Friday, April 29, 2016

Guyana signs Paris Agreement on climate change

Guyana was one of many nations signing the agreement. The statement by President Granger at the event said in part:

"The Cooperative Republic of Guyana, in the short-term, up to 2020, will:
• improve timber monitoring and maintain a high level of timber legality;
• increase value-added activities in the forestry sector so as to augment carbon storage in long-use wood products;
• intensify the sustainable management of our indigenous communities which own and manage 14% of our national territory;
• introduce a national Emissions Reduction Programme (ERP) to add two million hectares under conservation, encourage more efficient mining and logging activities and implement Reduced Impact Logging (RIL).
• invest in solar power, wind power and hydropower to transition more rapidly to renewable sources of energy and reduce our dependence on fossil fuels."

Looks good so far although somewhat vague. Ratification by Guyana is still required.

Wednesday, March 30, 2016

MOOCs update

I have been doing MOOCs regularly with Coursera, Futurelearn and Edx and mention a few below that I did recently.

But, please note, the platforms for these three leaders have important differences so if you have experience with one then don't assume the others are the same. Also then content differs with Edx have more academic courses and Futurelearn more for the casual learner. Coursera has some of both.

Edx
Modelling climate change
Currently doing a course called Religous Literacy

Futurelearn
Strategies for successful Aging
Monitoring climate from space
Exlporing our oceans

Coursera
Critical Thinking in Global Challenges
The Science of the Solar System
Planet Earth...and You!
Energy and the Earth

Sunday, January 24, 2016

World Bank report on the internet and development

According to a New York Times article, The World Bank recently released a report (World Development Report 2016: Digital Dividends) which had both positive and negative findings regarding the impact of the internet.
"Those who are already well-off and well-educated have been able to take advantage of the Internet economy, the report concluded pointedly, and despite the expansion of Internet access, 60 percent of humanity remains offline."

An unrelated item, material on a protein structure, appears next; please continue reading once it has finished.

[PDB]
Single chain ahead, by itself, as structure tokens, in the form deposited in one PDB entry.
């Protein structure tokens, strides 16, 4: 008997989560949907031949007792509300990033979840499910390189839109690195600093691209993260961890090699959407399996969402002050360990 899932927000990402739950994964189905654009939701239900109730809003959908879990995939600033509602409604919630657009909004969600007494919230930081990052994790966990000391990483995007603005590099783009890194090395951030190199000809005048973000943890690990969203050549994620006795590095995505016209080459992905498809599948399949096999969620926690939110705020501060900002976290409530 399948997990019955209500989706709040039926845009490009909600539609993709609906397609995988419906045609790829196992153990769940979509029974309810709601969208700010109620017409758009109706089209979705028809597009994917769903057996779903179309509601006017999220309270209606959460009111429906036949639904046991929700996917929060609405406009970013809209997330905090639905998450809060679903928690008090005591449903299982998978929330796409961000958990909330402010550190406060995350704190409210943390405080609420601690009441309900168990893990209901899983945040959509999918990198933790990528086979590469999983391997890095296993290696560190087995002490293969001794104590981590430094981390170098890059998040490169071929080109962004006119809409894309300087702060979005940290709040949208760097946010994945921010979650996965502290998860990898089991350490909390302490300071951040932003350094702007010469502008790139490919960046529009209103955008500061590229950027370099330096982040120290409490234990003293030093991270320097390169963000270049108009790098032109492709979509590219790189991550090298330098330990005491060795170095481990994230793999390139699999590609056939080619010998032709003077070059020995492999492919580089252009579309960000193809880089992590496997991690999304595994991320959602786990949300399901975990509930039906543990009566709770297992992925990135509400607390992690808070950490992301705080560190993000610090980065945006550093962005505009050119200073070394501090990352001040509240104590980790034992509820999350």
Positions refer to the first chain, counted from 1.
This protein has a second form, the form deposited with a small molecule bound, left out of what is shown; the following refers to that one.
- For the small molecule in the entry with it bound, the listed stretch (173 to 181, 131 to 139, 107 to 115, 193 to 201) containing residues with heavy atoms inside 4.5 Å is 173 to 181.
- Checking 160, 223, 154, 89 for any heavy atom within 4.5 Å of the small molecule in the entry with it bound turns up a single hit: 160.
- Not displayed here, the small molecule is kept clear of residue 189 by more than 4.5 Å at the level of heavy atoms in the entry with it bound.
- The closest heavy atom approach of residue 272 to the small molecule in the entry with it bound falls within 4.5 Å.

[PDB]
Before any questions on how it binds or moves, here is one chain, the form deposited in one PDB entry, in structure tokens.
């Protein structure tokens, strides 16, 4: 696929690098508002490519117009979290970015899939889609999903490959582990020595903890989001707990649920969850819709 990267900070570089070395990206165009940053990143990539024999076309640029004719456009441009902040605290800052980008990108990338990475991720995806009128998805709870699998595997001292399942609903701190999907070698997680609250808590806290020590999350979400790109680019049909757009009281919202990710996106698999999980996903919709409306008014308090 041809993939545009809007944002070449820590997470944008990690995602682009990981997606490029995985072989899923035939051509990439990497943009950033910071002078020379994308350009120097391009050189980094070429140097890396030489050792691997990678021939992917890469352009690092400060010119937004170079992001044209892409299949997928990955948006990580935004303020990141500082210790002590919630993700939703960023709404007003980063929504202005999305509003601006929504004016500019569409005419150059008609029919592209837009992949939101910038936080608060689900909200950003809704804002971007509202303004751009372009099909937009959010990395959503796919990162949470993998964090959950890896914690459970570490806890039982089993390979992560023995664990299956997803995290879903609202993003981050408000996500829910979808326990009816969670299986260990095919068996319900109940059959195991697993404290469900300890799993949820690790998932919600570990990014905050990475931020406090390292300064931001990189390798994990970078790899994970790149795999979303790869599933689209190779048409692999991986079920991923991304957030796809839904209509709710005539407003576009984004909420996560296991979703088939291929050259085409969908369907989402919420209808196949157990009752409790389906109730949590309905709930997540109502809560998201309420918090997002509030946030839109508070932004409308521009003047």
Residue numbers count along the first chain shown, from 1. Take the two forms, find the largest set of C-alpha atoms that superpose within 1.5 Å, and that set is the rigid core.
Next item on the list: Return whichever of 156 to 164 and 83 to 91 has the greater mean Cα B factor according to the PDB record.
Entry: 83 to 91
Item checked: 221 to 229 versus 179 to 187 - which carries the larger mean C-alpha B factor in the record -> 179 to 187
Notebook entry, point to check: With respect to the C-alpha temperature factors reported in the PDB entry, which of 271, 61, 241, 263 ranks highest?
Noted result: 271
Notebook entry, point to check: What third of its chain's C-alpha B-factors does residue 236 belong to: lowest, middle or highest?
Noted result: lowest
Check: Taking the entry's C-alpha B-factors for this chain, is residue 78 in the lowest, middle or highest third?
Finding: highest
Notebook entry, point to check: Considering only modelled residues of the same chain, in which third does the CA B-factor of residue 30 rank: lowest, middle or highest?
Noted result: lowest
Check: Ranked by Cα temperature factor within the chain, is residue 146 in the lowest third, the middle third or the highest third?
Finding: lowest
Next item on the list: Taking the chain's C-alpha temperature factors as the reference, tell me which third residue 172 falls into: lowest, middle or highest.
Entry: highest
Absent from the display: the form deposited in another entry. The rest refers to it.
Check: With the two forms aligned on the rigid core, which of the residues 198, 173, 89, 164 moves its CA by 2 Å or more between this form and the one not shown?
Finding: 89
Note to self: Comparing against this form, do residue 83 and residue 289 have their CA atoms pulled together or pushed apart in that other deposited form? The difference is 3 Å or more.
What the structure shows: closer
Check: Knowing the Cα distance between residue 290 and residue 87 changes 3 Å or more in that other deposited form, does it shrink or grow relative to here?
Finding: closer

"...the vast changes wrought by technology have not expanded economic opportunities or improved access to basic public services in ways that many had expected. Rather, the report warned darkly, Internet innovations stand to widen inequalities and even hasten the hollowing out of middle-class employment."
"...it also takes pains to say that expanding access will not be enough for citizens to take advantage of the benefits. It also recommends enabling companies to compete, strengthening the skills of workers so they can obtain the new jobs and making government institutions accountable."

Wednesday, December 30, 2015

Some local IT news

Some quick items before year-end.

Wi-fi for schools
According to Demerara Waves:
"The eGovernment Unit  has begun rolling out Wi- Fi networks in schools, while Hinterland and remote areas are expected to benefit from internet access by the end of the first quarter of 2016..."
This will be a challenging project. The article indicates that there is currently a pilot project at one school. Access will be restricted using a whitelist.

Open source
This important issue got some coverage recently.
Hacking vs open source
Open source in public service

Samsung smart school pilot project
Samsung and Starr Computers along with the Ministry of Education worked to set this up. This system has been piloted in many countries but I could not quickly find an independent evaluation. Will be interesting to see what happens over the next year or so. May be I can follow this story.

The World Is Not Falling Apart

I posted an item on this topic one year ago and here another from the same source!
An article from Slate pointing out the upward trends.
"The only sound way to appraise the state of the world is to count. How many violent acts has the world seen compared with the number of opportunities? And is that number going up or down? As Bill Clinton likes to say, “Follow the trend lines, not the headlines.” We will see that the trend lines are more encouraging than a news junkie would guess."
Not that there are not downward trends but there are upward trends too!